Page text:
The patterned sections around the edge of the E are taken from Celtic designs. In original Celtic illumination, there are representations of people in design form and therefore in my design I included the jockeys in the section at the top of the E, to represent the racing for which Epsom is most famous. Curved letters were often finished with an animal head and naturally, Epsom had to have a horse. The interwound reins reflects the frequently found Celtic motif of interwound ribbon, although this is not so intricate as much of the original work to be seen, for example, in the Book of Kells.
The cross-stroke of the E contains elements of Celtic design, whilst the open space above and below it contains a winning-post. This in turn borders a section representing a water design which alludes to Epsom's Spa-town past - a horse's head and water motif can also be found in a different form on the Borough of Epsom & Ewell's shield.
The whole design is of brighter colours than its counter-part Ewell E, representing the bustle and busy-ness of the thriving market town as against the gentle, dignified, ancient village atmosphere of Ewell.
The sections around the edge of the E mostly contain Celtic pattern, but I did not feel I could design an E for Ewell without some reference to Nonsuch Palace, one of its most famous ancient buildings although demolished in 1682. Therefore, as it would not fit well into the centre of the E, it can be seen drawn in miniature in a section on the left hand side.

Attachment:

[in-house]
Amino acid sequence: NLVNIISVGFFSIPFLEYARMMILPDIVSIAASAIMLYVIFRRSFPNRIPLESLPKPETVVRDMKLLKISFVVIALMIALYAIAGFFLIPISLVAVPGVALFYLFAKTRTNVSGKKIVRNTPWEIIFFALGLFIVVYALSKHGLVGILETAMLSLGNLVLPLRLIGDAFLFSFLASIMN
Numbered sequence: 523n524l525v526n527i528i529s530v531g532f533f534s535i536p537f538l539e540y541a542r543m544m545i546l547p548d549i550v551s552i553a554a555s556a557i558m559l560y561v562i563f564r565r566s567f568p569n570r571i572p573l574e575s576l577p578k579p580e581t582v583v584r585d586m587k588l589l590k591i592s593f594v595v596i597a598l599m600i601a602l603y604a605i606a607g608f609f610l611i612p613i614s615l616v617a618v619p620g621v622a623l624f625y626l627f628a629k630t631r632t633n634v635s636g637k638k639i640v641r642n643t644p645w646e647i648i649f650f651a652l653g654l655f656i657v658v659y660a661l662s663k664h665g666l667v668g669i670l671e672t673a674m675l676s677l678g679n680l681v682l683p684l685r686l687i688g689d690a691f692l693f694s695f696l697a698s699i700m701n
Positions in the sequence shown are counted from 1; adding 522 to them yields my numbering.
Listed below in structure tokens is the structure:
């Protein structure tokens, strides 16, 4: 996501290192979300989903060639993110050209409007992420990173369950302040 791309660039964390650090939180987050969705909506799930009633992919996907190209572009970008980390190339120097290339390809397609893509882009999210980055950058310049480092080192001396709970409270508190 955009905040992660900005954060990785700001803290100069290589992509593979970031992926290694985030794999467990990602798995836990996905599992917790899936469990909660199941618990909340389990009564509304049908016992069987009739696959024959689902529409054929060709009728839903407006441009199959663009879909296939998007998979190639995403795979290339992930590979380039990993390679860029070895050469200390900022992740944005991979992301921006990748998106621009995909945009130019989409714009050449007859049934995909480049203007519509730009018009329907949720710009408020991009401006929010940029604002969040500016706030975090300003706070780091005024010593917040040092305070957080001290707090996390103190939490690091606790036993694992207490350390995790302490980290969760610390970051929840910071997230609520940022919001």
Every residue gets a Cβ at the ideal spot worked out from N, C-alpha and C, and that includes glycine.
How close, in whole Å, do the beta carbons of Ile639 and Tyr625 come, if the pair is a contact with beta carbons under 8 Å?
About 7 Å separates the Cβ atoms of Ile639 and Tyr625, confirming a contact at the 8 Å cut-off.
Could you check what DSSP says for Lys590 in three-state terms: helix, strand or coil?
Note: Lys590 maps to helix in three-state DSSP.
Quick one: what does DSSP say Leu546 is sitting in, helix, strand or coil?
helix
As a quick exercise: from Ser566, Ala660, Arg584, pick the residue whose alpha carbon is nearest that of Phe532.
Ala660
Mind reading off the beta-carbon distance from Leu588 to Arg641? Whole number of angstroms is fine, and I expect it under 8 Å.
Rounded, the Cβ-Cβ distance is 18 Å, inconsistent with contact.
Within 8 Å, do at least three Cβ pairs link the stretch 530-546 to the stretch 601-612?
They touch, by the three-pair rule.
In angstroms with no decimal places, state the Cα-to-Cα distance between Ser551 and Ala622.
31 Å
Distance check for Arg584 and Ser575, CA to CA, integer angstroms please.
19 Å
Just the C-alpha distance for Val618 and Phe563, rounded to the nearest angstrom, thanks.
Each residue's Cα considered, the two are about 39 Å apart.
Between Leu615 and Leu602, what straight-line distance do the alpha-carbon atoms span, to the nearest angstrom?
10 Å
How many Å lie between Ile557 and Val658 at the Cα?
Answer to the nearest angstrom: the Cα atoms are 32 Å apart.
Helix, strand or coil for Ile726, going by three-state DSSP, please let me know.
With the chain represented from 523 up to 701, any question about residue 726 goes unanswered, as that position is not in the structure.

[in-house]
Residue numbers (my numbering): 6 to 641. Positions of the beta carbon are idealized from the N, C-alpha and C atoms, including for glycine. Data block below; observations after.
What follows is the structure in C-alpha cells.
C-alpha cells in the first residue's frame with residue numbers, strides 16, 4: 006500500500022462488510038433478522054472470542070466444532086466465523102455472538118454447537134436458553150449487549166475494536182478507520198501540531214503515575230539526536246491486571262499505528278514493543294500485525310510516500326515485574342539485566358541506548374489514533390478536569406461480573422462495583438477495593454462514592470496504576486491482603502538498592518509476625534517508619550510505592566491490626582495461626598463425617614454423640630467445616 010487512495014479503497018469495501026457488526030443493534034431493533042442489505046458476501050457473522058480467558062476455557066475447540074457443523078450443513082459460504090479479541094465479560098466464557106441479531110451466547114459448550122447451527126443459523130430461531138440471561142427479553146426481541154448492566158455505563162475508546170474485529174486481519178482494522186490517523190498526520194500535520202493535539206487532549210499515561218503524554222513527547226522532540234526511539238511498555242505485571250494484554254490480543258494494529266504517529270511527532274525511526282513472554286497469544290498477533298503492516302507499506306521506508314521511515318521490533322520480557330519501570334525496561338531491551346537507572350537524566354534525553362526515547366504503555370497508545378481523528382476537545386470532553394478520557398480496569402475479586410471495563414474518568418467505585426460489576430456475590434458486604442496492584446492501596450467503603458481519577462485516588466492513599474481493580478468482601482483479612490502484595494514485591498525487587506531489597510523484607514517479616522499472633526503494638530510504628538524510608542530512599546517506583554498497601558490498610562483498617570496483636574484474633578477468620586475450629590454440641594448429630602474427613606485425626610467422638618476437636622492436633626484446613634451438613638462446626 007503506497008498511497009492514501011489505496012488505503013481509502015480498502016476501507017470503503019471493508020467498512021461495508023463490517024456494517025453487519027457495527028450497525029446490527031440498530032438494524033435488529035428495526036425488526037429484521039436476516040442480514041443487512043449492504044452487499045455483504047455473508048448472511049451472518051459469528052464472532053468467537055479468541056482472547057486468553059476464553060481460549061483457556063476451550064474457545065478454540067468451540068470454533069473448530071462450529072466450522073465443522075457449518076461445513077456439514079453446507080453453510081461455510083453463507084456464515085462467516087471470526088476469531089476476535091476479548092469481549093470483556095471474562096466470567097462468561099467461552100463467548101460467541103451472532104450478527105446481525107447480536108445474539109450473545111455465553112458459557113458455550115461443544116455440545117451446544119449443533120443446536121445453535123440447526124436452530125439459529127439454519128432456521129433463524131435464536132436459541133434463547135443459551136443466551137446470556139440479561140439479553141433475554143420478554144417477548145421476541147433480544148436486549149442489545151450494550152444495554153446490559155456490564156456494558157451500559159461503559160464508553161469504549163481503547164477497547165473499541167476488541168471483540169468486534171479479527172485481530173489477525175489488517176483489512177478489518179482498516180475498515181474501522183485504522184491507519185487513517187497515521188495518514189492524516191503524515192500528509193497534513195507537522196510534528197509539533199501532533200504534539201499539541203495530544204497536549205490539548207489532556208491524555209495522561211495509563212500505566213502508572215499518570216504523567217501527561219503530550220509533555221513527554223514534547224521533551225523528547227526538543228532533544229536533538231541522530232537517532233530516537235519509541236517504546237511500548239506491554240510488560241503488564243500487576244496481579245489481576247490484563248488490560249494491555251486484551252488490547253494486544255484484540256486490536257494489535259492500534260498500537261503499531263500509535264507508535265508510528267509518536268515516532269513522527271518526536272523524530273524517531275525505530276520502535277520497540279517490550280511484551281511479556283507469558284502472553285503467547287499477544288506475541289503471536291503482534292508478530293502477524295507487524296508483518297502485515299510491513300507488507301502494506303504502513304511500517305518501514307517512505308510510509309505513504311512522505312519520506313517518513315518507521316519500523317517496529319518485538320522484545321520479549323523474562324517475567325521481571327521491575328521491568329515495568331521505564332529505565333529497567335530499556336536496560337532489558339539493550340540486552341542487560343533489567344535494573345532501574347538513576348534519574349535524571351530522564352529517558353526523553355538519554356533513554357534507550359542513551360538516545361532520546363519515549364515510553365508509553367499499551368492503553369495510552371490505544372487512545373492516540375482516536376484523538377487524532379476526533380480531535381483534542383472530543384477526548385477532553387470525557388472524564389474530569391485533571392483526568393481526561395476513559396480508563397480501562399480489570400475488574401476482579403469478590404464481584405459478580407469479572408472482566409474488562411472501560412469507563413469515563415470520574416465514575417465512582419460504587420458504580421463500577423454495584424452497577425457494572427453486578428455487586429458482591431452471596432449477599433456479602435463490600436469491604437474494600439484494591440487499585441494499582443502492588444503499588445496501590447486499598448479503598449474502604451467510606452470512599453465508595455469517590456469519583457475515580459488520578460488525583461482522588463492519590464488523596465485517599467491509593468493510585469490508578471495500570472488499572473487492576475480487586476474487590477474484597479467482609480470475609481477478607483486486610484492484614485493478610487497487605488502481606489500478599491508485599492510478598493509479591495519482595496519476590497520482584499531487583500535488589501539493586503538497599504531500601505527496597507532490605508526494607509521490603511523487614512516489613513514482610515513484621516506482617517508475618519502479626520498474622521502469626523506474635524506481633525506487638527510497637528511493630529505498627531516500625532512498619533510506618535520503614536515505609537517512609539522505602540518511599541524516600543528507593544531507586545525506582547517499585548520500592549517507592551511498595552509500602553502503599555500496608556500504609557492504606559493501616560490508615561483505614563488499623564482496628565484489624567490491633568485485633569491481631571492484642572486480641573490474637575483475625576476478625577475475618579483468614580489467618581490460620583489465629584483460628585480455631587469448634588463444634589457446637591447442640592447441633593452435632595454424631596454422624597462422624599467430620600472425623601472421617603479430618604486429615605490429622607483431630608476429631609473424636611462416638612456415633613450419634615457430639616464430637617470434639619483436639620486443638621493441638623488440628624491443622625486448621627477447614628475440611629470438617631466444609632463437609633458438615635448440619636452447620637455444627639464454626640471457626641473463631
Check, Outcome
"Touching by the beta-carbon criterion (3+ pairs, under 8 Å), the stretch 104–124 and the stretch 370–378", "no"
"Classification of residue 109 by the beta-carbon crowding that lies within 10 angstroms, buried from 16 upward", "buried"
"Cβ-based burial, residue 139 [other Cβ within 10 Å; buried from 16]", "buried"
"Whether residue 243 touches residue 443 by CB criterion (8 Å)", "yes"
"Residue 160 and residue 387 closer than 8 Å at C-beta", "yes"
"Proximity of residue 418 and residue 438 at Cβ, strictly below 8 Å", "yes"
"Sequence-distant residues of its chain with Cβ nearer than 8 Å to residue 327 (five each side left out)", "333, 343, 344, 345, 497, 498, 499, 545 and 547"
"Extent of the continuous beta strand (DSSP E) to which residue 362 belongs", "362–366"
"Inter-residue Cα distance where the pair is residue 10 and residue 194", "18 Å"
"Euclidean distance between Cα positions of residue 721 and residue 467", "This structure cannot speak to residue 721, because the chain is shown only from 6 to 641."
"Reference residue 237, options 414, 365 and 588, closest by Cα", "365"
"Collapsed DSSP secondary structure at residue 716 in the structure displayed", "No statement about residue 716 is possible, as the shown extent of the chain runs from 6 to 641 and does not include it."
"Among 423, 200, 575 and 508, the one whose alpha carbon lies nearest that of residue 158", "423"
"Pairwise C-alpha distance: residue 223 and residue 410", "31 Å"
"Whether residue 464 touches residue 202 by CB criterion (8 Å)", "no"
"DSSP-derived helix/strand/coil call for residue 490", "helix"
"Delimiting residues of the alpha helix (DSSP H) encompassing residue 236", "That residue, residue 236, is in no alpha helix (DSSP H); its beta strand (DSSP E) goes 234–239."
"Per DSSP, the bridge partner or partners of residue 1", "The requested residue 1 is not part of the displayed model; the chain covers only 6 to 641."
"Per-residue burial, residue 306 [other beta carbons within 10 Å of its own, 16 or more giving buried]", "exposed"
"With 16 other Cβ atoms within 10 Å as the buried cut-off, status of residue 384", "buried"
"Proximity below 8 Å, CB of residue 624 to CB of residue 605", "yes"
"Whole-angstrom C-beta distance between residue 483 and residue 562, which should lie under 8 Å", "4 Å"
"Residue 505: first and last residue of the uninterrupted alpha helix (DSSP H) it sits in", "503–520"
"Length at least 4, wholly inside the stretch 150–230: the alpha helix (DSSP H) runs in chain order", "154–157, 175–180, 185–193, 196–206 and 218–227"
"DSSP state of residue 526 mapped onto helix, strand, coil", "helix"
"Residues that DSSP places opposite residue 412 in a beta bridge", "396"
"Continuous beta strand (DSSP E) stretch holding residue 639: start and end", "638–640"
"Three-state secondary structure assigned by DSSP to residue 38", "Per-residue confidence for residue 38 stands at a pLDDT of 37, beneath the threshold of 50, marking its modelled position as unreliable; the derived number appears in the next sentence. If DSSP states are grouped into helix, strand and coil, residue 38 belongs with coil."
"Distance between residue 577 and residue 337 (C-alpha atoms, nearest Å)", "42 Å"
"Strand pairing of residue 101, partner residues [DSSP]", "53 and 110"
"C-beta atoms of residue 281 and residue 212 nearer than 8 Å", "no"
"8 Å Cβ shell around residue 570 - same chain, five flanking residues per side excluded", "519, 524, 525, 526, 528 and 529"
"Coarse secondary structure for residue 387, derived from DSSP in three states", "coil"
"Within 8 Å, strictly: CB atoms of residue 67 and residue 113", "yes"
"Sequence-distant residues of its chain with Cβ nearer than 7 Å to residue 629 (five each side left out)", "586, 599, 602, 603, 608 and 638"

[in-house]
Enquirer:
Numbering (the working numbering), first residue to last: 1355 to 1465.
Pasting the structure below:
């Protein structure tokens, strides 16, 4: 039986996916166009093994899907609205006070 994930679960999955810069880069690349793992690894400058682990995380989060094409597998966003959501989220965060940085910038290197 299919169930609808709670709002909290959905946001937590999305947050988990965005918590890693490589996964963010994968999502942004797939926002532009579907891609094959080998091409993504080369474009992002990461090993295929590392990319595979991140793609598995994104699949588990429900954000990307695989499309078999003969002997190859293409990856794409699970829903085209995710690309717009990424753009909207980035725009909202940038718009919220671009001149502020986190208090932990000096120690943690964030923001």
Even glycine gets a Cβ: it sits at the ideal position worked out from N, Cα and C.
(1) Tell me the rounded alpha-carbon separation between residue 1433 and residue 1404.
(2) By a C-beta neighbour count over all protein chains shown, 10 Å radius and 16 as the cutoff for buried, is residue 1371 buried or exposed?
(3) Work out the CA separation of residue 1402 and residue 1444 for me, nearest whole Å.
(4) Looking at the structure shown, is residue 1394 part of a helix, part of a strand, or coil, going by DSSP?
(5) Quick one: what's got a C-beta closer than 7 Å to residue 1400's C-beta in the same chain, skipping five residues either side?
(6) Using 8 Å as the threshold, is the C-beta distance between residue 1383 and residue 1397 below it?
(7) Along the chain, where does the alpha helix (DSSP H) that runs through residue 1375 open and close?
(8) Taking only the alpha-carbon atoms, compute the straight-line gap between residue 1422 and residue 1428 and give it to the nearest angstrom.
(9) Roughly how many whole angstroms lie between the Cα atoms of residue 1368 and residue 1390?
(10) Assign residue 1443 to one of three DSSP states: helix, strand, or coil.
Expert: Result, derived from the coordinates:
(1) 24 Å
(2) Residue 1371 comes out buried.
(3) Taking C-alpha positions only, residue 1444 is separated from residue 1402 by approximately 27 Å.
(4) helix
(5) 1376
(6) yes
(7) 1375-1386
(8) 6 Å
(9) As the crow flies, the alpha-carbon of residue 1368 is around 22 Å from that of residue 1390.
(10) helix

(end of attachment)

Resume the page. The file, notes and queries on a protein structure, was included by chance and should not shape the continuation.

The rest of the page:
The animal head at the end of the curve here is a white dog reflecting the dog on the well-known gateway into the civic building in the centre of Ewell. Tradition holds that the dog is a representation of one which saved a member of the owner's family from drowning around the end of the eighteenth century, but there is no proof of this. Now known as Bourne Hall, the present building houses the Museum, Library, Local and Family History Centre as well as function rooms.
The cross-stroke of the E contains two panels of design, with the third, centre panel containing a tiny mill in recollection of the mill which was once, but is no longer, in Ewell, near Windmill Close. The two buildings represented in the open spaces of the E show the old and new buildings which have occupied the site in the centre of the village: below is Garbrand Hall, a beautiful old Georgian house demolished by the Borough in the nineteen sixties to make way for the modern Bourne Hall whose 'flying saucer' shape - featured on Blue Peter in 2000 because of its resemblance to the Millenium Dome - is represented above.